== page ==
Championship care

Two eminent veterinarians discuss how advances in the management and care of top racehorses have ultimately improved the lives of all horses.
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Two eminent veterinarians discuss how advances in the management and care of top racehorses have ultimately improved the lives of all horses.

You might not think that your horse has much in common with American Pharoah or the other 11 horses who’ve won the Triple Crown. And in the most obvious ways you’d be right.

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But where it matters most, the daily care that keeps your horse healthy closely parallels the management practices that help elite equine athletes perform their best. That’s because, for the most part, “racehorses are a unique population, but they are still horses,” says Reynolds Cowles, DVM, a Virginia veterinarian who has spent much of his nearly 50-year career serving racehorses both in the barn and on a myriad of safety and research advisory committees. Through every era, from Sir Barton’s Triple Crown in 1919 to American Pharoah’s this year, race-horses have had the same basic needs: a balanced diet, ample fresh water, proper conditioning, expert farriery care---the very same things we all strive to provide our horses.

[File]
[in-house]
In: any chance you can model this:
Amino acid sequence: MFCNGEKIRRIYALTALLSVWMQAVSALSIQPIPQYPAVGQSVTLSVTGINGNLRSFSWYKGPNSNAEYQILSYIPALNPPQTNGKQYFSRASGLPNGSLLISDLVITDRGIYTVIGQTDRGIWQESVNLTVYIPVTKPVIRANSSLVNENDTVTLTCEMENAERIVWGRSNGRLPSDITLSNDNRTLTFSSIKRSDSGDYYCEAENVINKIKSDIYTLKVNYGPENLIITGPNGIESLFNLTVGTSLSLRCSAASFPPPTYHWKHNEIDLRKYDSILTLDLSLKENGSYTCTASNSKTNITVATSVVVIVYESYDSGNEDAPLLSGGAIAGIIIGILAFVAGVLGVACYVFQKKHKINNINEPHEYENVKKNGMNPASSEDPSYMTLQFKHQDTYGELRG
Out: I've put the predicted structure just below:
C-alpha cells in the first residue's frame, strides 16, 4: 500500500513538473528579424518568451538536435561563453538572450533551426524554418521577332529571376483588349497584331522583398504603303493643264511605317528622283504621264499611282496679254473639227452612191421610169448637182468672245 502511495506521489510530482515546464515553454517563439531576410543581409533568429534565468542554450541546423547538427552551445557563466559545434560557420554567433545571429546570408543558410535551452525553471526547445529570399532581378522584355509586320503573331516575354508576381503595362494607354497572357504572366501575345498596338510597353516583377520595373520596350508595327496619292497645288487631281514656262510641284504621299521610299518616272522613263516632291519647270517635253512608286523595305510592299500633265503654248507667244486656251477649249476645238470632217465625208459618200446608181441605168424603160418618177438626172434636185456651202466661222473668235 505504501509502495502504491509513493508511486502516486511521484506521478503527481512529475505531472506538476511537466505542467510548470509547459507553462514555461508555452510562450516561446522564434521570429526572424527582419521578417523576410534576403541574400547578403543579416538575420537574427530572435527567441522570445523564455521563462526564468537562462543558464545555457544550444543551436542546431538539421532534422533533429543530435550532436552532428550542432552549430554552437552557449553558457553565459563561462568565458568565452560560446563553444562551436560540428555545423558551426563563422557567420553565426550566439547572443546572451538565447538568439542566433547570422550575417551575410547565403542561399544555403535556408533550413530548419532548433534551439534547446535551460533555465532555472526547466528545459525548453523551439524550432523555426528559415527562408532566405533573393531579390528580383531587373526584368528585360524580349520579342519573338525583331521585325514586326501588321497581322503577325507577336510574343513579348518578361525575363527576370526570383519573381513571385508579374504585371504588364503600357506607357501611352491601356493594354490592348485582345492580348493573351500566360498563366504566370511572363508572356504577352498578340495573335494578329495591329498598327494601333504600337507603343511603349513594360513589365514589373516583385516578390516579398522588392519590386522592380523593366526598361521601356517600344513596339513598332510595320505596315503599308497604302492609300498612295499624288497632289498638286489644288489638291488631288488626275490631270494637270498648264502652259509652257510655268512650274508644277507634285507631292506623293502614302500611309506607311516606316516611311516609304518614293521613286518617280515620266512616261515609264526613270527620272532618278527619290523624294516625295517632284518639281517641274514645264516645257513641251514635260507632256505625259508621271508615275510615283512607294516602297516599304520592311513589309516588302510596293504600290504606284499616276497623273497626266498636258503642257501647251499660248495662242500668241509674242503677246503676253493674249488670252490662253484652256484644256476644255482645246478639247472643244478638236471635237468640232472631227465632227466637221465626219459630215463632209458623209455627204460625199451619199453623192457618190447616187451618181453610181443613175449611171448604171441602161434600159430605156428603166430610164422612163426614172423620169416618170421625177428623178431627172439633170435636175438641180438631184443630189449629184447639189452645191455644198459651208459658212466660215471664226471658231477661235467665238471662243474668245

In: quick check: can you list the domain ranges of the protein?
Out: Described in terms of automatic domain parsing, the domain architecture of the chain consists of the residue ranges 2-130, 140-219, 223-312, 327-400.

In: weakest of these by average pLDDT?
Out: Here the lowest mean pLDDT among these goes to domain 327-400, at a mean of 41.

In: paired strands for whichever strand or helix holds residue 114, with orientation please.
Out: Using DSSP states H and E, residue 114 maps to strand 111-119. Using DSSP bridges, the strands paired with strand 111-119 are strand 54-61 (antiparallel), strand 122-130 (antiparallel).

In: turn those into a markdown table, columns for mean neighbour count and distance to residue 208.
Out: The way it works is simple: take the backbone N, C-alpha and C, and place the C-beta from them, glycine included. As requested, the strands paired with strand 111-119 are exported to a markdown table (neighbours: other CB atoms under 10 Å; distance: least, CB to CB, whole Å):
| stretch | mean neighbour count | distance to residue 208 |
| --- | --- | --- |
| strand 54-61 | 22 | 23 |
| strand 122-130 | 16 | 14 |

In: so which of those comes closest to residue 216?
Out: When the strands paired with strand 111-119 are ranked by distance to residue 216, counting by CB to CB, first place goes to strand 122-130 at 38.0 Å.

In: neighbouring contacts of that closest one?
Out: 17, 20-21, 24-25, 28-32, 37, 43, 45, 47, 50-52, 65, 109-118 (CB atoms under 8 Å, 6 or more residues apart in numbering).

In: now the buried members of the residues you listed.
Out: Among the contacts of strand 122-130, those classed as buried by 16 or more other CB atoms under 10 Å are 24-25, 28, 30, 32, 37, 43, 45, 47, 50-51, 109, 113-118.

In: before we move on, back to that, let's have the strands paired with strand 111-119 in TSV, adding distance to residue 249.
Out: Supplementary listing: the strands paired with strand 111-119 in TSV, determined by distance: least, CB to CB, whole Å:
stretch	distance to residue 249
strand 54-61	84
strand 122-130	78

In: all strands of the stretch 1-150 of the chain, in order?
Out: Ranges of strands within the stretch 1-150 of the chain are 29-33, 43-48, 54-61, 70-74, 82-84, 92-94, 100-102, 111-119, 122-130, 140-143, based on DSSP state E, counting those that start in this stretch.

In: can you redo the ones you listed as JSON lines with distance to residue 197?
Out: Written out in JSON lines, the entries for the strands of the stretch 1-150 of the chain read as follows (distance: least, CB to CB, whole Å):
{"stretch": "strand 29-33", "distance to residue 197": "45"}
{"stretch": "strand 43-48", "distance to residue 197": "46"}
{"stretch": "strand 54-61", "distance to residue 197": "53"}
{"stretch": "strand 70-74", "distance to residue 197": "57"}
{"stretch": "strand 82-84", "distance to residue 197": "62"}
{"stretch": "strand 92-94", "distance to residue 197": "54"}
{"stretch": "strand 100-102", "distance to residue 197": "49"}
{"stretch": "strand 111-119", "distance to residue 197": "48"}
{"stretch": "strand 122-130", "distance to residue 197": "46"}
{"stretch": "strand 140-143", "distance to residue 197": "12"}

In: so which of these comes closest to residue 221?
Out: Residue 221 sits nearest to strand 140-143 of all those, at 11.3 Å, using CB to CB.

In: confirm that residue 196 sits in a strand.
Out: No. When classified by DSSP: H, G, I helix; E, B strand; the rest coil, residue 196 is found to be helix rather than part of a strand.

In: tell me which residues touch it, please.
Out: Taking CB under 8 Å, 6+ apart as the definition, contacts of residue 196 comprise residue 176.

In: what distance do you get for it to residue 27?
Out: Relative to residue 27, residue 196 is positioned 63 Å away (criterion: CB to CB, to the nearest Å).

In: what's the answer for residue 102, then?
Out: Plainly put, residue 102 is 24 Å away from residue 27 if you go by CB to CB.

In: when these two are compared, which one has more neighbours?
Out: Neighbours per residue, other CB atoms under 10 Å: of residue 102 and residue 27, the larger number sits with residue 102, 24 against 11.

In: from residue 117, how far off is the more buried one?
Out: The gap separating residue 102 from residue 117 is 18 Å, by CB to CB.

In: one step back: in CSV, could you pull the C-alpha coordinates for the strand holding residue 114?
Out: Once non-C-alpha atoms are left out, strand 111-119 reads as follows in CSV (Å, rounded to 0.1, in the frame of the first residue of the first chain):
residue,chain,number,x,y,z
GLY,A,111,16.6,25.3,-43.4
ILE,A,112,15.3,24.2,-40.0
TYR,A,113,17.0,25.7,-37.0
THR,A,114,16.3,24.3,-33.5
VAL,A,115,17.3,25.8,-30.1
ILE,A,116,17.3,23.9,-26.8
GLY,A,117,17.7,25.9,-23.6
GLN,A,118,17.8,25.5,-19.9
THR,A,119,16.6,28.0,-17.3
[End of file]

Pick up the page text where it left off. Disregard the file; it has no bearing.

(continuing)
And while your horse won’t be competing for million dollar purses or logging thousands of miles of transport across the country, if he becomes ill or injured he is likely to benefit from treatment advances originally devised for equine athletes who do. “We will talk about these great innovations coming from the racetrack, but they quickly filter out to benefit horses in all occupations,” says Cowles. After all, the bulk of research dollars and efforts are targeted toward the needs of racehorses---and nearly all innovations move beyond that sport to benefit horses far and wide.